I’m on a quest for the iPad killer app. Not the Apple need one, with two million units sold the first two months. It’s more of a personal quest to discover if the iPad has a place in my computing & information universe.
There’s always the cool factor, of course. There’s street cred in having an iPad – although interestingly I’ve had better luck getting in touch with members of the appropriate sex with the Kindle. The iPad evokes “oh, cool” – the Kindle generates genuine interest and conversation. But I digress. I’ve been toying with the iPad, tried Apps, taken it to meetings, on trips, and into the living room. All nice, but not quite convincing.
Taking the iPad into the kitchen, however, has been a runaway success. I like cooking, and I like being in my kitchen. Over the years I’ve collected a lot of recipes, and I have the classical information management problem. I’ve tried folders of clippings, post-it notes in books, binders with printed recipes, neatly typed into a LaTeX and sorted by category and type. And still I’ve found it impractical. I’ve tried recipes typed into a computer and found that I either always had the recipe on the wrong computer or had trouble managing multiple versions of the recipe documents.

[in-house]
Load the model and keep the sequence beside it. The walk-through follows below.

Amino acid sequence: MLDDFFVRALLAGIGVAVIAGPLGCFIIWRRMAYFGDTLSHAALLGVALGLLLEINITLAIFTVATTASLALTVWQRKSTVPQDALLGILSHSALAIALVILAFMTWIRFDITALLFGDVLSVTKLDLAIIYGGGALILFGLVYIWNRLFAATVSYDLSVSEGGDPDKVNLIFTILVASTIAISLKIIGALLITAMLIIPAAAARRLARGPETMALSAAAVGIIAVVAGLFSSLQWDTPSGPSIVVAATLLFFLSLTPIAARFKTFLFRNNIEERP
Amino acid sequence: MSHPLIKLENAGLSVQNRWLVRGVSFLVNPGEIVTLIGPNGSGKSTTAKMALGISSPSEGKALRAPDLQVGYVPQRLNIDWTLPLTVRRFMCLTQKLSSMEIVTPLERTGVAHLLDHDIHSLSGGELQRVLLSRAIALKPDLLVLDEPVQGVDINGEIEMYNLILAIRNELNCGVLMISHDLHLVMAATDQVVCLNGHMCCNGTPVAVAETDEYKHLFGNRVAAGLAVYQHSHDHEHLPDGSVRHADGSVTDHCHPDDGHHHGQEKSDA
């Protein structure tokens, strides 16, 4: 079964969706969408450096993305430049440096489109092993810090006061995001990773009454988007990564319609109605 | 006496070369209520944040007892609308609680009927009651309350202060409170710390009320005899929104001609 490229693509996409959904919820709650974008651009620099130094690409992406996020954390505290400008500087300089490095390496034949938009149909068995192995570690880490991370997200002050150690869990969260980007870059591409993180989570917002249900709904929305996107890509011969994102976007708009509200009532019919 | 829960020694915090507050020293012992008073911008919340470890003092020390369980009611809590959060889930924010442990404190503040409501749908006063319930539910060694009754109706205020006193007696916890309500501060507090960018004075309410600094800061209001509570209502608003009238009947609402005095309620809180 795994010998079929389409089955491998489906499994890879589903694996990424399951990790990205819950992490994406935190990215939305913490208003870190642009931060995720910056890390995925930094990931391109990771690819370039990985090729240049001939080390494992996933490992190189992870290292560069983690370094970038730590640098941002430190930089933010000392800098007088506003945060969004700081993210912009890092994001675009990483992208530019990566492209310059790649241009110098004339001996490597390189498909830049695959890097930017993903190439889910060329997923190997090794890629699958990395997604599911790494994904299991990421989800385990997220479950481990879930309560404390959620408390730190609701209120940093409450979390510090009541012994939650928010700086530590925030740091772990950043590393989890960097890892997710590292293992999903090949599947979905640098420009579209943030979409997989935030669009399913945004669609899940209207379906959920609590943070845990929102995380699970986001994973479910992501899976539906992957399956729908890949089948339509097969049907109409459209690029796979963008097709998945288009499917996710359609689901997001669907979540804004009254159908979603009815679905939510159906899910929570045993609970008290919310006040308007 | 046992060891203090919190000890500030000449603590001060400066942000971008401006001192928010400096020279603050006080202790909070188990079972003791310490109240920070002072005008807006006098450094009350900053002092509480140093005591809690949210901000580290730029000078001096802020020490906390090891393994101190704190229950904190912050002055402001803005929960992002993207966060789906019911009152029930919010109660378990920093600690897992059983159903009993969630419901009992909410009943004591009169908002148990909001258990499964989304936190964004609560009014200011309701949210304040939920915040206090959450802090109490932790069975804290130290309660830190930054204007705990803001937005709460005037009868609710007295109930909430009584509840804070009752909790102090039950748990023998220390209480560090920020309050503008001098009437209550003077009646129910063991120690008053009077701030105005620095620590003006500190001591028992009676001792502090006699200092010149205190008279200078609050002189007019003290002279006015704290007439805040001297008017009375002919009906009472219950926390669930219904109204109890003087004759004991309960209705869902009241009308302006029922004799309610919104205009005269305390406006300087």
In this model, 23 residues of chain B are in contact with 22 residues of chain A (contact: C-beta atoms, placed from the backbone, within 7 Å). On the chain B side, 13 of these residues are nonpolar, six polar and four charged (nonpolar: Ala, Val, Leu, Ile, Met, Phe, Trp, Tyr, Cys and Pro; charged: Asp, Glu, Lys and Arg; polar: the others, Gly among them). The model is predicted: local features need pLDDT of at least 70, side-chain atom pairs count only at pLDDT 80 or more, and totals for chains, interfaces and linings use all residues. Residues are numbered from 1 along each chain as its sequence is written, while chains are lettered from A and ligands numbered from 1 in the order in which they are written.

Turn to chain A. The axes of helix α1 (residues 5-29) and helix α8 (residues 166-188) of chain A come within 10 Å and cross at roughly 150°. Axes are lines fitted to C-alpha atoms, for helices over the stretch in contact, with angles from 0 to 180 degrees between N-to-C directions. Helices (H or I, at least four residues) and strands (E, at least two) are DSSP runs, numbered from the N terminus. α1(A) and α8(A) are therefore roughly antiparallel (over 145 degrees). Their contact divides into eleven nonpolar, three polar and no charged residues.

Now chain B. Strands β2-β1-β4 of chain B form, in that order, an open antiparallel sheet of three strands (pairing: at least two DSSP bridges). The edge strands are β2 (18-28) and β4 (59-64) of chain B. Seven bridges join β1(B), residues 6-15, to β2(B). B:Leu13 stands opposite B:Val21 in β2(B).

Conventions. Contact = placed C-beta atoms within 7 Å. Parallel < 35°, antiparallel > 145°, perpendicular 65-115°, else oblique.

Enter Google docs. A while ago I started entering my recipes into Google docs. It’s ideal – I can access it from any computer, I can update from anywhere and access it any time I need it. Just take a laptop – any laptop – into the kitchen when cooking, And this is where the iPad comes in. It’s ideal for this; Google docs works perfectly, browsing files is fast and easy, the device sits neatly next to you on the kitchen tape, you don’t have the screen sticking up so you don’t knock it over, and it’s easy to turn on and off, put aside with one hand, etc. Clearly the iPad will be the way I access my recipes in the future. It lets me do the job without taking focus away from cooking.
This tells us something about what the iPad is. It’s a perfect information appliance – especially for this kind of light use. It’s perfect for accessing information when the information access isn’t your actual task. It’s so easy to grab it, get at the information, and continue the actual job. The iPad does not get in the way or force you to think of information access as a separate process. In that way it’s more like a piece of paper than a computer. In this the iPad is transformative; it’s not just a smaller, sexier, cooler computer, or an overgrown cellphone. It’s a new device that promotes better and more integrated information access. If you’re doing something where information access is an integral part of the job, the iPad might very well be the answer. For me that kind of task is cooking, and the iPad sure fits the bill. If only they would come out with a rugged, water- and flour-proof version.